One recent morning as we were about to head out the door to do a bit of back-to-school shopping, I asked Will to quickly run to his room and check if his pencil sharpener from last year was still in good condition. He gave me an odd look, dashed off to his room, and less than three seconds later returned and said nonchalantly that he couldn't find it. I rolled my eyes (because this not-being-able-to-find-stuff in his perpetually disorganized room is a common occurrence for Will), and headed up the stairs myself to see if I could have any better luck. Will then raced ahead of me on the stairs, went straight to his closet and opened the doors, reached down and held up his pencil sharpener for me with a sheepish look on his face. "Oh, HERE'S my pencil sharpener," he said, innocently and with mock surprise, as if he hadn't known all along exactly where it was.
I asked to see the pencil sharpener so that I could determine whether it was still useable for school this year, and I could sense panic in Will's eyes as he carefully passed me the little plastic container. It didn't take me long to figure out why. When I opened the lid, I was treated to the sight of a sludgy, pale gray liquid with floating bits of wood shavings in the base, and a spectacular display of mould growing on the sadly corroded metal sharpener. I looked at Will with an inquisitive horror on my face, and he explained through tears that he was only trying to see if he could make his own pulp; he wondered if adding water to wood would cause the little shavings to disintegrate. This "experiment" of his had been sitting in his closet all summer long.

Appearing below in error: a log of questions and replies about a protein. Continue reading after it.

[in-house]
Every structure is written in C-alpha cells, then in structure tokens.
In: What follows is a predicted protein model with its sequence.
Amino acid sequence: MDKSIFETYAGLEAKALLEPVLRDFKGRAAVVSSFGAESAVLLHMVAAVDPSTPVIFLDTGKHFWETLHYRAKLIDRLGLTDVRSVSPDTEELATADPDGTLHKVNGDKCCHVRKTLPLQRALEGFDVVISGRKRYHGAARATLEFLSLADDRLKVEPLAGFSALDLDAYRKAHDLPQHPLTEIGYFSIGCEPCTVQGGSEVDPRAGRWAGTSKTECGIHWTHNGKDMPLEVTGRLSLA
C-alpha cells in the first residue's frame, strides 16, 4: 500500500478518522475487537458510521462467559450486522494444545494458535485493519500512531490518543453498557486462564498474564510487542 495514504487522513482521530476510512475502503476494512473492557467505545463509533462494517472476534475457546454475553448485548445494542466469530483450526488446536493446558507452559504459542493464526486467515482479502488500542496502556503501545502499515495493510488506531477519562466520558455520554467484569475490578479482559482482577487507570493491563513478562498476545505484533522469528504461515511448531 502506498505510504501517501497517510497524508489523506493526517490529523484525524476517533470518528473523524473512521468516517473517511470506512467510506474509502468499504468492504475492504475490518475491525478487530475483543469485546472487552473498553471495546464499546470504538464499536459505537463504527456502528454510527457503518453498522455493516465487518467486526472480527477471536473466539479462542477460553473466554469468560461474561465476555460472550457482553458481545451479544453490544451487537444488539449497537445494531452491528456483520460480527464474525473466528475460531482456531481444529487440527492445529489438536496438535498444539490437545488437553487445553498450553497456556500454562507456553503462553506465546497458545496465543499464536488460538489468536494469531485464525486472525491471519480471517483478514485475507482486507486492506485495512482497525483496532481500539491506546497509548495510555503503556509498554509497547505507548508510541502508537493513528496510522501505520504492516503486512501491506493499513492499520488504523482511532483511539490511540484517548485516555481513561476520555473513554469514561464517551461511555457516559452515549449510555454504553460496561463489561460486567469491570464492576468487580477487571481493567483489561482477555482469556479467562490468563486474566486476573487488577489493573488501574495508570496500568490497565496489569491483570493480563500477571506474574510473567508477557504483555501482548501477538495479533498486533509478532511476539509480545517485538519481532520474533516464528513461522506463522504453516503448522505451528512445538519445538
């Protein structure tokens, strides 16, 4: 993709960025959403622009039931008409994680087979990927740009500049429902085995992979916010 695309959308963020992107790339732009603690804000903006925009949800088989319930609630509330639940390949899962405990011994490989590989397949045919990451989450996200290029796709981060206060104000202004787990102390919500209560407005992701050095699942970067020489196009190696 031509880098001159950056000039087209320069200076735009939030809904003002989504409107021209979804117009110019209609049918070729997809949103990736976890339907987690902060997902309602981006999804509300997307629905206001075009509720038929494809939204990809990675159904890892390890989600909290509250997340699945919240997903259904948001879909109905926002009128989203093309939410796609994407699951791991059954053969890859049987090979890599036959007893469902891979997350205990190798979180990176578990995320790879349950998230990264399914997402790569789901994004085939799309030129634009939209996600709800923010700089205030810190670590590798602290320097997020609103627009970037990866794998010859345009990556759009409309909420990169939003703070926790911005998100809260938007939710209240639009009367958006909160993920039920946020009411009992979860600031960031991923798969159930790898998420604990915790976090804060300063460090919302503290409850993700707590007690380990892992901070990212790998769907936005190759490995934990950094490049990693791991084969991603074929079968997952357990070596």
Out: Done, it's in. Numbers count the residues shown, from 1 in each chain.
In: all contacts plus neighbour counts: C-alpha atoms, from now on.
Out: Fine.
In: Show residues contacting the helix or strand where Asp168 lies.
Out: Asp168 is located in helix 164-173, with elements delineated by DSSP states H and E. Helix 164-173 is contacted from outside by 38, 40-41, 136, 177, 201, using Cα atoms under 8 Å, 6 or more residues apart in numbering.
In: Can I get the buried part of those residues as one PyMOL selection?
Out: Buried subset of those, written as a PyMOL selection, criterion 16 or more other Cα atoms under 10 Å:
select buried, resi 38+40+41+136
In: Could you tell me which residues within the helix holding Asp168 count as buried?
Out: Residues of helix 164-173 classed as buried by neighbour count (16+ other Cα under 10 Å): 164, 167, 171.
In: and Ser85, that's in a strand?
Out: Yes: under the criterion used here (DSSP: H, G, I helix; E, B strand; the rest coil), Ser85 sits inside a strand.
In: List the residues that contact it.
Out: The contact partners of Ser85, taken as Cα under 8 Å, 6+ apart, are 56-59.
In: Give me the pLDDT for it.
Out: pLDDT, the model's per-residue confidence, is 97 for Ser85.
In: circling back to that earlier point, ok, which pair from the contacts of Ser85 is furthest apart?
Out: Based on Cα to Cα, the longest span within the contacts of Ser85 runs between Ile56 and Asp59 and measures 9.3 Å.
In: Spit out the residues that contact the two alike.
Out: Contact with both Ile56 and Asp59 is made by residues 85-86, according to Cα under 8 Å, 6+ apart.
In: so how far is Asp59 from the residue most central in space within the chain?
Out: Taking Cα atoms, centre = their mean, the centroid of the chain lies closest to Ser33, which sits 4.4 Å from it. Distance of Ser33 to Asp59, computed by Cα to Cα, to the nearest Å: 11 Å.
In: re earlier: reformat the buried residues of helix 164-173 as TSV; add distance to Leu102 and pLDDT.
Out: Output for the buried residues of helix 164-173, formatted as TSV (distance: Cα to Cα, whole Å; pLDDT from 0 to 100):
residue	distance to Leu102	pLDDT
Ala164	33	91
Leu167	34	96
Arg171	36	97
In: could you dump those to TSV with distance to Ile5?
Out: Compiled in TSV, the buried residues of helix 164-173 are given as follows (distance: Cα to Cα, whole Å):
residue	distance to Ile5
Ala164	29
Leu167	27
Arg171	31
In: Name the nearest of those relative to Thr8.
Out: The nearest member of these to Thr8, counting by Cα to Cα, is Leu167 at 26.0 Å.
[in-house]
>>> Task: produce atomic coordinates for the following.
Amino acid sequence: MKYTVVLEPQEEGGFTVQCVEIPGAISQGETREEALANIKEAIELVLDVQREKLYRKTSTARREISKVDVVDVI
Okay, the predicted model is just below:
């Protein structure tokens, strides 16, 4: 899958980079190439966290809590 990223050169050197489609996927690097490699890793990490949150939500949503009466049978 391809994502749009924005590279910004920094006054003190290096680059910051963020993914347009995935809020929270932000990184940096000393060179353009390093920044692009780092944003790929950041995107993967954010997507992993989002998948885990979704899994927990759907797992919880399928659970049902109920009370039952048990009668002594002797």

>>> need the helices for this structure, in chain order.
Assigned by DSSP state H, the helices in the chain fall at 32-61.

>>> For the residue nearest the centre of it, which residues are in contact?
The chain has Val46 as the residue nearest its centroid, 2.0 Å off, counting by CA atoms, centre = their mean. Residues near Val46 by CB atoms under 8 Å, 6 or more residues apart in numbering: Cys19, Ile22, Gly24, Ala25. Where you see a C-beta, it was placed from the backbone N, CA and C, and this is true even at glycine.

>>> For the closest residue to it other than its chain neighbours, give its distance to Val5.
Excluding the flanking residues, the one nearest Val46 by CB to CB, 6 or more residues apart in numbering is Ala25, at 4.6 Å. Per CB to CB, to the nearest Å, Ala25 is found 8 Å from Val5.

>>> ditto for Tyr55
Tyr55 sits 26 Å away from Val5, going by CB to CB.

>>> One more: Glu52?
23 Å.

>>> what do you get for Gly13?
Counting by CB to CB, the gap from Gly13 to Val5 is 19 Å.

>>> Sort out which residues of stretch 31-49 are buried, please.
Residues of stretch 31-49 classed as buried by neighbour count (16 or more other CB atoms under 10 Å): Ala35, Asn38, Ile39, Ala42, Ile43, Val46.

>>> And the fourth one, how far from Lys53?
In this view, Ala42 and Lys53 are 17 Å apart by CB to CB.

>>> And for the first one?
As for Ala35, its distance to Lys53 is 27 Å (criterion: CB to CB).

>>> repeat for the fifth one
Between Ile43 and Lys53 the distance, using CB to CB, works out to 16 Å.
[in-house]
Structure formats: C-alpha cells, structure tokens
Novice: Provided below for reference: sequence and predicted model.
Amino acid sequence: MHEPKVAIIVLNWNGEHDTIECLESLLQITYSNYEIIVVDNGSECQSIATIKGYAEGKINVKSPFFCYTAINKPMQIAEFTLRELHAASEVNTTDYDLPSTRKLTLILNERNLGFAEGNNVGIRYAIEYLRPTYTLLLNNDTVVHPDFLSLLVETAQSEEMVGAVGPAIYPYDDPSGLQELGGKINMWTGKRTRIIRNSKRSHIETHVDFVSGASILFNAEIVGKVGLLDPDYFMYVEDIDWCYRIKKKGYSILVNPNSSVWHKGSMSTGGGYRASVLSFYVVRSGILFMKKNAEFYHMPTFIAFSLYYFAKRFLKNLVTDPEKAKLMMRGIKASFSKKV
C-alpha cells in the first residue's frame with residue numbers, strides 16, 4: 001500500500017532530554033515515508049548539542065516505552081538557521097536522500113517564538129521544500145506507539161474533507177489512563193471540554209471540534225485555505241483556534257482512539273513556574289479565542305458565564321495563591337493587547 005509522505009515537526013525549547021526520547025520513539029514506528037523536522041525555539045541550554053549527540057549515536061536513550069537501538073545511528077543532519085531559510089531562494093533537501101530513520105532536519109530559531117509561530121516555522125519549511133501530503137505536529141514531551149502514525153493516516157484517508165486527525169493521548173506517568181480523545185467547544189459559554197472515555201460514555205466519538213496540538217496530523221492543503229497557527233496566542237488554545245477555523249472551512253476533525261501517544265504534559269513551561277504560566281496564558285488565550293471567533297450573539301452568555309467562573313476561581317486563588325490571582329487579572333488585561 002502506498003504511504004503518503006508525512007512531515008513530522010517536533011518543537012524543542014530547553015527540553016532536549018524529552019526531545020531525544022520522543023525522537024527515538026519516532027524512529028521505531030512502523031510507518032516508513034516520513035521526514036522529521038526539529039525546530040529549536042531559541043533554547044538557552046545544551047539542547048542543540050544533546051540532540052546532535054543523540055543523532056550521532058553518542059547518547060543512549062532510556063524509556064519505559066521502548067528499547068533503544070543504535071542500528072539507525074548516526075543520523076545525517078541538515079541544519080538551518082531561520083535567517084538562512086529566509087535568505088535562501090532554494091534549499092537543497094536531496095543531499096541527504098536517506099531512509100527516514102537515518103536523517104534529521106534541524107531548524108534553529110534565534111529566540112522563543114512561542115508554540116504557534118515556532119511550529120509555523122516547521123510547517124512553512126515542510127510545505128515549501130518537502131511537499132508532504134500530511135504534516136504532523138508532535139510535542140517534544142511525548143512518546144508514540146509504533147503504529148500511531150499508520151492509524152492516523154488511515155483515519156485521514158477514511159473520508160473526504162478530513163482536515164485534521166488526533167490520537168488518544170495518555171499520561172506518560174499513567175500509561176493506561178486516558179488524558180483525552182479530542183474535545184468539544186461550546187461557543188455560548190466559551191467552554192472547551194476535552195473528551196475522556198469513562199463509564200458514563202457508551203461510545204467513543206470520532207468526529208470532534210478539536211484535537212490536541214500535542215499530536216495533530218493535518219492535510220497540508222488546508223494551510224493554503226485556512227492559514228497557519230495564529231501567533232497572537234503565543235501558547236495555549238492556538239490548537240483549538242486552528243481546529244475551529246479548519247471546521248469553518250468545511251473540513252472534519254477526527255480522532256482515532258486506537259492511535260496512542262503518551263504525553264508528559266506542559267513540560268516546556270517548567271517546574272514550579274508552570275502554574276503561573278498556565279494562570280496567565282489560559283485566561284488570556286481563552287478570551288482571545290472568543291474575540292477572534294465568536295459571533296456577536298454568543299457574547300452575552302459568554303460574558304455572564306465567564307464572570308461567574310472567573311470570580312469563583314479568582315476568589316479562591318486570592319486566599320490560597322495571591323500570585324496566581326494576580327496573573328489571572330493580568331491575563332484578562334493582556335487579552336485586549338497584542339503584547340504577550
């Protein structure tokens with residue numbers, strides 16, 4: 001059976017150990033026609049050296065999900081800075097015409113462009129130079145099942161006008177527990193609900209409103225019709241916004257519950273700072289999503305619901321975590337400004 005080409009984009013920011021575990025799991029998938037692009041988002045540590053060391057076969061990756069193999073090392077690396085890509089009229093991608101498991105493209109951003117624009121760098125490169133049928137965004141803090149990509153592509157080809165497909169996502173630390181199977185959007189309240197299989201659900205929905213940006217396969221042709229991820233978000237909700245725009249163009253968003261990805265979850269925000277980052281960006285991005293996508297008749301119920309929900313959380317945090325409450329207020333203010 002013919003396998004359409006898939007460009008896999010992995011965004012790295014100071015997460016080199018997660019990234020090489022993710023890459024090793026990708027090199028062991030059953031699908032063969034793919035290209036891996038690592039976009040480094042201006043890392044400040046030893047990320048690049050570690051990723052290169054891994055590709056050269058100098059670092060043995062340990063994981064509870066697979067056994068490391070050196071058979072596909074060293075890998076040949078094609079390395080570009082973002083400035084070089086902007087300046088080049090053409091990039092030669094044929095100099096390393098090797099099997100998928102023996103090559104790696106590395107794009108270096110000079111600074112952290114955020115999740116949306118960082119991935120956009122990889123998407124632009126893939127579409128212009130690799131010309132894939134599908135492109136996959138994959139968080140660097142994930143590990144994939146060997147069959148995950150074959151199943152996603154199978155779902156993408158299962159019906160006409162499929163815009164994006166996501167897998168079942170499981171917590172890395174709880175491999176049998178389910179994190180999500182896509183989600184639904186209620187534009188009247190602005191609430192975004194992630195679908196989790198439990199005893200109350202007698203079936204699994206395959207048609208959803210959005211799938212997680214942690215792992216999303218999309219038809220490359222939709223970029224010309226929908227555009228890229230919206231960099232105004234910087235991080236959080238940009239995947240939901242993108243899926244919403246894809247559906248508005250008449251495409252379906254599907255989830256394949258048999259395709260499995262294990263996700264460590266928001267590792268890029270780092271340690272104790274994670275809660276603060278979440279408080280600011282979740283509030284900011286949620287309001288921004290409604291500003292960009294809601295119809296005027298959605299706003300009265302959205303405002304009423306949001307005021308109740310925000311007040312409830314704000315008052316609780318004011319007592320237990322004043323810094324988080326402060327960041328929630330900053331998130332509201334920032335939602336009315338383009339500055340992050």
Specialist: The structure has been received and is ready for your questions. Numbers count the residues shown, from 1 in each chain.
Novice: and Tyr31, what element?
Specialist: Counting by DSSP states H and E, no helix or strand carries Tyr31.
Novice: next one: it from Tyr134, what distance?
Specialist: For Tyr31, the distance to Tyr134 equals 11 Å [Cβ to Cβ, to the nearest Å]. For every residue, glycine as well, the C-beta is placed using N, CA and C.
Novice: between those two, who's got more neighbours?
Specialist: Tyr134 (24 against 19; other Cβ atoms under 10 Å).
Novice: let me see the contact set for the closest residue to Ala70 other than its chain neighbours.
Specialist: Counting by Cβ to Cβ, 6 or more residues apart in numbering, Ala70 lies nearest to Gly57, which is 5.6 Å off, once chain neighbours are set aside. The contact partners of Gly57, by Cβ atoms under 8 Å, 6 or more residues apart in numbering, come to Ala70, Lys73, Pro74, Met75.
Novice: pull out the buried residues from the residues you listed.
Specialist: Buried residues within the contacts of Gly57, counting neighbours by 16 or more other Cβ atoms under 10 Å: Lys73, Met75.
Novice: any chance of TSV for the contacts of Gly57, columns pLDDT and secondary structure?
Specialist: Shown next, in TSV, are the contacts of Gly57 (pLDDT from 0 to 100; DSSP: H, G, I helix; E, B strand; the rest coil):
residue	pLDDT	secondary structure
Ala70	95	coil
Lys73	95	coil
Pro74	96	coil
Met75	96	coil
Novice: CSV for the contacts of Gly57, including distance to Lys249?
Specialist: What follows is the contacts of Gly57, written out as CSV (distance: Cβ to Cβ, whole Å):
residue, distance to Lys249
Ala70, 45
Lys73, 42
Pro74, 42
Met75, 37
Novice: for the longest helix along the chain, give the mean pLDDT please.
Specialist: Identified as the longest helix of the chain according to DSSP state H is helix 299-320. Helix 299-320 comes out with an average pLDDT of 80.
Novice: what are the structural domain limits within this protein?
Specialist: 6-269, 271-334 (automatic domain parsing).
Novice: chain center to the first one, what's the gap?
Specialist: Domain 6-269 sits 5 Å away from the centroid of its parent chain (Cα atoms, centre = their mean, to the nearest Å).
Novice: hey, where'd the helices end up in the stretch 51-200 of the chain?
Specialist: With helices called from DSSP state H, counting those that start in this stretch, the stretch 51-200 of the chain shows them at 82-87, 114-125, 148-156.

"Hypothesis: Mixing water and pencil sharpenings makes pulp.
Conclusion: Mixing water and pencil sharpenings does not make pulp, actually. It makes mould."
~Will, age 9~
Will is not the only curious one around here. A few weeks ago, I was putting something on Noah's desk and I suddenly noticed that there was a goopy red film stuck in blotches all over the light bulb of his desk lamp. The look on Noah's face was one of feigned confusion when I cautiously asked, "Um, Noah, what is this red stuff all over your light?". But then his conscience (or maybe his knowledge that I'd eventually get the truth out of him, anyway) caused him to quickly confess that he had been trying to melt the wax from a Babybel cheese enough that he could make it stick to his wall. I was afraid to ask why exactly he wanted to stick Babybel cheese wax on his wall, and decided to just be grateful that the experiment hadn't actually made it to that point.
In both of these situations, the boys were worried that they were going to get in trouble for mucking up stuff by using it in ways it was never intended to be used. But I honestly couldn't be upset with either one of them, because I knew exactly why they had done it: inquiring minds need to know. If they're going to some day stumble upon one of the world's greatest discoveries in all of their creative and thoughtful endeavours, some messes along the way are simply inevitable.